Move over, One Missed Call. You now face stiff competition for worst movie of the year from Over Her Dead Body, a dreadful romantic comedy starring Eva Longoria Parker, Paul Rudd and Lake Bell. Borrowing heavily from Noel Coward’s wonderful Blithe Spirit of 1945, this misguided fantasy bites the dust quicker than you can say “ghostbusters.”
However, don’t blame my favorite Desperate Housewives star. Longoria Parker puts considerable energy into her portrayal of a feisty ghost trying to ruin the budding romantic relationship between her live almost-husband (Rudd) and the so-called psychic (Bell) he’s falling for. On the other hand, Rudd’s (Knocked Up ) acting comes across as bland as spaghetti without sauce, and Bell (TV’s The Practice) struggles to make us laugh by performing some of the most unfunny physical comedy I’ve ever seen on screen. To be fair, she nails a couple of dramatic scenes. Still, I think this lovely actress should avoid comedy like the plague.
Directing from his own screenplay, Jeff Lowell (John Tucker Must Die) should have recognized things were not working out during the filmmaking process. Why couldn’t he see the lack of chemistry between Rudd and Bell? Why didn’t he, as the writer, punch up the dull dialogue? Why did he waste the comedic talents of Jason Biggs in a thankless supporting role? And, finally, why didn’t Lowell simply do a remake of Blithe Spirit? I would love to see an updated version of that terrific film. And casting it could be so much fun! My suggestion for the eccentric medium, played so brilliantly by Margaret Rutherford in 1945? Kathy Bates or Shirley MacLaine. For the role of the ghost who makes her husband’s new wife miserable? Reese Witherspoon -- or even Longoria Parker again.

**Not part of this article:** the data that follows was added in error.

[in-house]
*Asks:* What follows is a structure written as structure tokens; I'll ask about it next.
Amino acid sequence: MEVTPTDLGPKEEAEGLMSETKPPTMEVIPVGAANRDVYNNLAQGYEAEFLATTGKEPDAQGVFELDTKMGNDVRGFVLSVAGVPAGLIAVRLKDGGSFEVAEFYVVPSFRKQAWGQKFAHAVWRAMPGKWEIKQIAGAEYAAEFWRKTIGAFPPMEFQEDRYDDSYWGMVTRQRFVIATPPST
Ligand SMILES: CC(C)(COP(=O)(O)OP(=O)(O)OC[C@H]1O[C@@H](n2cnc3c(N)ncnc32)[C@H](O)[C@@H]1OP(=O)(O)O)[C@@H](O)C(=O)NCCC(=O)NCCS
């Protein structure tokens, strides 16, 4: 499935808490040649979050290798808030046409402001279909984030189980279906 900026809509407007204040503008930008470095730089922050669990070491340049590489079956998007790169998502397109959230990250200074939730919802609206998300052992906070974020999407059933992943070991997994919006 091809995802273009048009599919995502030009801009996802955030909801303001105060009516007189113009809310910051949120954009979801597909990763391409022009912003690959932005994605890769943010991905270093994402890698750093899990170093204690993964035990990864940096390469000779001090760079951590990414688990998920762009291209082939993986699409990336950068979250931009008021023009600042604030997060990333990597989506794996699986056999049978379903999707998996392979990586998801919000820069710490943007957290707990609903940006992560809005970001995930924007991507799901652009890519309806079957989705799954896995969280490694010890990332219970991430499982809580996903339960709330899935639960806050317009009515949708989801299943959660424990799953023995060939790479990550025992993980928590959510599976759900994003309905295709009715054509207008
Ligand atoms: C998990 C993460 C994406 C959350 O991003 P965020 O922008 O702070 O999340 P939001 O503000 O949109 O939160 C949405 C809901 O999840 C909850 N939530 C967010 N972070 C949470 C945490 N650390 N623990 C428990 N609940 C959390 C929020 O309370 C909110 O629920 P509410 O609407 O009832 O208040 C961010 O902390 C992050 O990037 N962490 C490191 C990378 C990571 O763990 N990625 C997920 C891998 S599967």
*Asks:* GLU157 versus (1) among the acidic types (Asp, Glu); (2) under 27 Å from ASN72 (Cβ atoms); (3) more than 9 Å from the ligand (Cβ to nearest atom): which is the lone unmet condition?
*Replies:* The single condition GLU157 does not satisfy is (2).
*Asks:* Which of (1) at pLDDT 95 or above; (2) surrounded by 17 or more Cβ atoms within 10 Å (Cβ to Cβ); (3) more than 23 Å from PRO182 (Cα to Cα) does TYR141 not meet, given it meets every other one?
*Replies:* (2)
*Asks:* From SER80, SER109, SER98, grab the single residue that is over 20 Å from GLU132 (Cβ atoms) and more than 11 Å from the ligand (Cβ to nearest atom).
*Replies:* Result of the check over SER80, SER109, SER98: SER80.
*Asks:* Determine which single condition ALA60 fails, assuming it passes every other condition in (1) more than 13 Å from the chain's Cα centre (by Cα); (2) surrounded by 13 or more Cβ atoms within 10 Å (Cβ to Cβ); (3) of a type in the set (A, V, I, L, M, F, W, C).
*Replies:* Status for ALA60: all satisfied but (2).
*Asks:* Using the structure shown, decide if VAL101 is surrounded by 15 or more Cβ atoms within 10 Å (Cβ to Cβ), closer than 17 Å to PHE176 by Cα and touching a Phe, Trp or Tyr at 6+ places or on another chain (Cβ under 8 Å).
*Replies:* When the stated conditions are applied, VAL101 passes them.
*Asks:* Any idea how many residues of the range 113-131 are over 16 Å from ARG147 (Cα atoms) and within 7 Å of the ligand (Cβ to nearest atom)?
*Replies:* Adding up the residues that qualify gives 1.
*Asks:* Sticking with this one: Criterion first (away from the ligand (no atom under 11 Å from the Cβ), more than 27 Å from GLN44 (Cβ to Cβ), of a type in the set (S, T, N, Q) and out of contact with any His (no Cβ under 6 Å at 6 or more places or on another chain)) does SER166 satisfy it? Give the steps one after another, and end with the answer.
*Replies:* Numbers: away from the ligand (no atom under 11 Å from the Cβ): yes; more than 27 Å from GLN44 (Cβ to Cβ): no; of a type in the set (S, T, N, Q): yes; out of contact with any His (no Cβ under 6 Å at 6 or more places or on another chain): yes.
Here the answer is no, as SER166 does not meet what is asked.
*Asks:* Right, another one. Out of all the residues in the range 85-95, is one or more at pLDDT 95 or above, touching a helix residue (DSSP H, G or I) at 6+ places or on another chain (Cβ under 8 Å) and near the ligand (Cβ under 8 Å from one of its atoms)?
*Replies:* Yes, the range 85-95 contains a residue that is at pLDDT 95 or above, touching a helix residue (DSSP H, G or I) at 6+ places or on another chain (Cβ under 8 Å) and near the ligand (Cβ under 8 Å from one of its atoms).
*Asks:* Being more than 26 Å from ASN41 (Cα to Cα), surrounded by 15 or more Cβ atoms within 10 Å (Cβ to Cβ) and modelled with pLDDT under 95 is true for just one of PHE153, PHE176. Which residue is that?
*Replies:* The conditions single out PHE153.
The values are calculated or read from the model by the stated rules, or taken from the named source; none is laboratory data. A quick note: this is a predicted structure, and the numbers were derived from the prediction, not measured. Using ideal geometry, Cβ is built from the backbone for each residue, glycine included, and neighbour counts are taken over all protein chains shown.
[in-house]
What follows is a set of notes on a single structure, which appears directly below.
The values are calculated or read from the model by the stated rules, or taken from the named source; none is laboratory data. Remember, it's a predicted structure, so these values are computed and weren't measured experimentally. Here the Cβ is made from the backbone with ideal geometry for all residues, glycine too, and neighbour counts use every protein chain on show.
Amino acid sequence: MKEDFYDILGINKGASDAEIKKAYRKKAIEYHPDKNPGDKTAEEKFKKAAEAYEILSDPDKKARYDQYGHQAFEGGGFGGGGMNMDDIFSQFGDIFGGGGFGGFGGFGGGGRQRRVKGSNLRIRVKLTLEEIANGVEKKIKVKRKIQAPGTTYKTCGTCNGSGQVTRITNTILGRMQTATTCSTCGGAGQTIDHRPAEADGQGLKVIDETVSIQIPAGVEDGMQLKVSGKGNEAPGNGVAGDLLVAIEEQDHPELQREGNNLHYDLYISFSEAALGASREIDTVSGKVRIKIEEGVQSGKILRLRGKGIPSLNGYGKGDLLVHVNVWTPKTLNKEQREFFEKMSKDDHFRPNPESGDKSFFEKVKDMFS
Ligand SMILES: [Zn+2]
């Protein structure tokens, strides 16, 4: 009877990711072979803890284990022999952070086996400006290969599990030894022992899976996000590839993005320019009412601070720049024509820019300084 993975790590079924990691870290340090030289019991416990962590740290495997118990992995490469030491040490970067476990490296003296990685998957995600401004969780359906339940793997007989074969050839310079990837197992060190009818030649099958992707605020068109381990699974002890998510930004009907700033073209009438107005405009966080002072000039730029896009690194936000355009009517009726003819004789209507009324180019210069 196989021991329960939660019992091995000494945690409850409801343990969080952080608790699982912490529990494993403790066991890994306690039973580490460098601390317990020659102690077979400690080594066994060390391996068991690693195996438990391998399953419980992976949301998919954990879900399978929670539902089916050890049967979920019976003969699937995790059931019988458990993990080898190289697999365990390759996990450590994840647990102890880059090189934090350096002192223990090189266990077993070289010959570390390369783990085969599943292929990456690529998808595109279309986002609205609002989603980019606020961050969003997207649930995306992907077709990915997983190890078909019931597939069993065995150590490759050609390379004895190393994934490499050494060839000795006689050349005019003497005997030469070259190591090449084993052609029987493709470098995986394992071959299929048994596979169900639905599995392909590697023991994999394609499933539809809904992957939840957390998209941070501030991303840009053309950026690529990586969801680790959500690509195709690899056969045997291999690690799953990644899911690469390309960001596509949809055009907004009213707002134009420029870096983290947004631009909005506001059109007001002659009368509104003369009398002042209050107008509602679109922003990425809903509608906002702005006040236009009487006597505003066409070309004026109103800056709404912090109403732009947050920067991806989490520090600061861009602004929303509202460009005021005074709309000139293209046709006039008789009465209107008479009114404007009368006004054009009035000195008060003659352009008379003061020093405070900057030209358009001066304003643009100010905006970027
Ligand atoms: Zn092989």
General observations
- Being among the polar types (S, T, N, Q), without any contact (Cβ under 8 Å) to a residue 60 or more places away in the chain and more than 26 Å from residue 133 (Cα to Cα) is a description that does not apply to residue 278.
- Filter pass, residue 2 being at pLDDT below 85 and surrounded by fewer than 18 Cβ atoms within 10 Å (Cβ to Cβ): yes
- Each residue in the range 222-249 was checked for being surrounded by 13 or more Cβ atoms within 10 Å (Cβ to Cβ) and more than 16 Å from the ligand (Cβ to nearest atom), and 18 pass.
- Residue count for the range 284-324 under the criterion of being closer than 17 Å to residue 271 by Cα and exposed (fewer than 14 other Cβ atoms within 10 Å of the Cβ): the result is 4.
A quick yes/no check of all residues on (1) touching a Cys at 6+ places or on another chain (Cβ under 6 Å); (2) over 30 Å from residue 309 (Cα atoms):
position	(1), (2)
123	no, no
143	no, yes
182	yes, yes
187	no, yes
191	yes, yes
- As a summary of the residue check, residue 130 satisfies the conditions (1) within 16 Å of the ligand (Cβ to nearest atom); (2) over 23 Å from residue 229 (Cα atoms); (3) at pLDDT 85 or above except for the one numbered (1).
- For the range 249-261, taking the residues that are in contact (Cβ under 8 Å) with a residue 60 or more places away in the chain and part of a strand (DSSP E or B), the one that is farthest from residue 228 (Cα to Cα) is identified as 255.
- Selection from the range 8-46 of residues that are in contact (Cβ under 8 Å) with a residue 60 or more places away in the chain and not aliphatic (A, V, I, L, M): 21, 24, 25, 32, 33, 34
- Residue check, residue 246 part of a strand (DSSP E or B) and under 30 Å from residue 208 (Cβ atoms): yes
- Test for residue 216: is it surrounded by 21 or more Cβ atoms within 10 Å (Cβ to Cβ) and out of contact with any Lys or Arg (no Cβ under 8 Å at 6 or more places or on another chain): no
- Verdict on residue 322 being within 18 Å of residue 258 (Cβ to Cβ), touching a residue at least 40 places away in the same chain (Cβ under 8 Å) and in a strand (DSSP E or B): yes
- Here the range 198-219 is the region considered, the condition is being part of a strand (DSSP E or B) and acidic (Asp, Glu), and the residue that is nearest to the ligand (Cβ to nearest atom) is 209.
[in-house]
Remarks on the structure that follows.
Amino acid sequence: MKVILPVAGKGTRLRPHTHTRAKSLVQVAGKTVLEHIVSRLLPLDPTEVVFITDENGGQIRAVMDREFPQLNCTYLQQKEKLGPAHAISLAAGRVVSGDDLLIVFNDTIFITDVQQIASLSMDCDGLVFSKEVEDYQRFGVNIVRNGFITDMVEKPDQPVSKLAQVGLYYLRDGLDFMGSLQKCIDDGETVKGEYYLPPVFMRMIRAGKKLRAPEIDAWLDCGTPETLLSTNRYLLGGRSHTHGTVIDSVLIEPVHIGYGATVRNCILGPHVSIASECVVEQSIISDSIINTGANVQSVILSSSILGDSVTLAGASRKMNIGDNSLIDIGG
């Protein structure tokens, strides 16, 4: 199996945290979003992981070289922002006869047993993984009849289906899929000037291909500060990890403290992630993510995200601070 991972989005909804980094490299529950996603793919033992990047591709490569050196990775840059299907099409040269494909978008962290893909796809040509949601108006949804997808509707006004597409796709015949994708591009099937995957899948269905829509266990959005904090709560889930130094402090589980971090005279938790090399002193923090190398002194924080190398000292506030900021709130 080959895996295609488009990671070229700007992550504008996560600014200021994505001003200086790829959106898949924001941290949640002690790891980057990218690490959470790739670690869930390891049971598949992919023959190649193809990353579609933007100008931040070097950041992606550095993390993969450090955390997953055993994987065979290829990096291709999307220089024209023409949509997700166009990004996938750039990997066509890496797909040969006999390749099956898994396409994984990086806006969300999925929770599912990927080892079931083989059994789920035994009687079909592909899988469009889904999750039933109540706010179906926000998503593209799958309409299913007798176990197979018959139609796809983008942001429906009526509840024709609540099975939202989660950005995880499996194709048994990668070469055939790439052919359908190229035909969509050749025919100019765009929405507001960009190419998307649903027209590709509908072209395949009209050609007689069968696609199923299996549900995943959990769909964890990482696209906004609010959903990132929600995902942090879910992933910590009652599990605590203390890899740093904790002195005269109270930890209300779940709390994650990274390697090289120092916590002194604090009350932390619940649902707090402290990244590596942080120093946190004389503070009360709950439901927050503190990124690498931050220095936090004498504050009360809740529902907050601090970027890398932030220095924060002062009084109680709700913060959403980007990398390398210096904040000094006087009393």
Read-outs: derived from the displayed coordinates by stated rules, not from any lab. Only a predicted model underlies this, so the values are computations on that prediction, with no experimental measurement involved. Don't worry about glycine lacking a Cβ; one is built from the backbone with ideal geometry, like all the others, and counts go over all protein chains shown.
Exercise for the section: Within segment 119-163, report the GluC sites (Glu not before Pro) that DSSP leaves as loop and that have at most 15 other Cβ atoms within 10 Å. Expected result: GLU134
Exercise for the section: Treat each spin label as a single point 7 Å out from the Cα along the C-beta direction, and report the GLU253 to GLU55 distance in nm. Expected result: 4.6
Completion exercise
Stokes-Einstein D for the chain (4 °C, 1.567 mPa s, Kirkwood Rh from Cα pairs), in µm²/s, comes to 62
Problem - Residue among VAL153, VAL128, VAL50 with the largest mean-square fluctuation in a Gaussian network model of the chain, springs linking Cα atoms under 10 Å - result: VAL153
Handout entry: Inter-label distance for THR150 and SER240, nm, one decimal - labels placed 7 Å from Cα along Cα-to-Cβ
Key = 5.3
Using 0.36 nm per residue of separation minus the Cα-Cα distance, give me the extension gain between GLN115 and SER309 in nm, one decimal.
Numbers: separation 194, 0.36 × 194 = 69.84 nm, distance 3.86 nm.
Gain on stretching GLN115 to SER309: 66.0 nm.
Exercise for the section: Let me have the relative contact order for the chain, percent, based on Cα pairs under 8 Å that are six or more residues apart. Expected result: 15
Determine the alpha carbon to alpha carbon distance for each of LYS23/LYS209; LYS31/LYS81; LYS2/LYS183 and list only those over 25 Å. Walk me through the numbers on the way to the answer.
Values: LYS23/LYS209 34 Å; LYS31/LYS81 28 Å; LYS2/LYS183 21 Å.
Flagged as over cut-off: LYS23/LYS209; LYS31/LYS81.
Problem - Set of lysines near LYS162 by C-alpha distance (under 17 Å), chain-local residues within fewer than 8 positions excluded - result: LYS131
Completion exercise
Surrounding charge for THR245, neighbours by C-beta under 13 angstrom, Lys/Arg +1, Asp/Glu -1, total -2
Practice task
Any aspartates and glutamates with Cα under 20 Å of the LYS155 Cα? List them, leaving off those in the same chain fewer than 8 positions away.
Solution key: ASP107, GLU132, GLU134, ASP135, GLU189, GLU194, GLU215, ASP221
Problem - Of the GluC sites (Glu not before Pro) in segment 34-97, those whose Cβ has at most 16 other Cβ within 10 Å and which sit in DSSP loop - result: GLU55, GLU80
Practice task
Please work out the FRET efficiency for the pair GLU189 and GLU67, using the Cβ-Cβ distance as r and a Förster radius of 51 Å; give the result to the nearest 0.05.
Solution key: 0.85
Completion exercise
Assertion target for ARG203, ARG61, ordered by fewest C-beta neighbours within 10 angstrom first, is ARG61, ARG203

Over Her Dead Body, as bad as it is, includes a few amusing moments. Rudd plays a veterinarian, and one scene featuring an overweight dog brought to his office for examination made me laugh heartedly. Stephen Root (The Office) also evokes smiles as a tipsy ice sculptor responsible for the bride’s death, and Kali Rocha (White Oleander) endows her “angel” character, who appears too briefly, with a whimsical passive-aggressiveness that’s very funny indeed.
Creating romantic comedies featuring a ghost as one of the main characters may not be an easy task for filmmakers, but it’s been done successfully in other movies besides Blithe Spirit. Those classic and sophisticated Topper films come to mind. And the more recent Just Like Heaven, though not technically a ghost story, deals beautifully -- and often humorously -- with a spirit seeking help from a fully functioning human being. I believe there’s a large group of viewers looking for movies like this. Unfortunately, Over Her Dead Body will probably not satisfy most of them.
(Released by New Line Cinema and rated “PG-13” for sexual content and language.)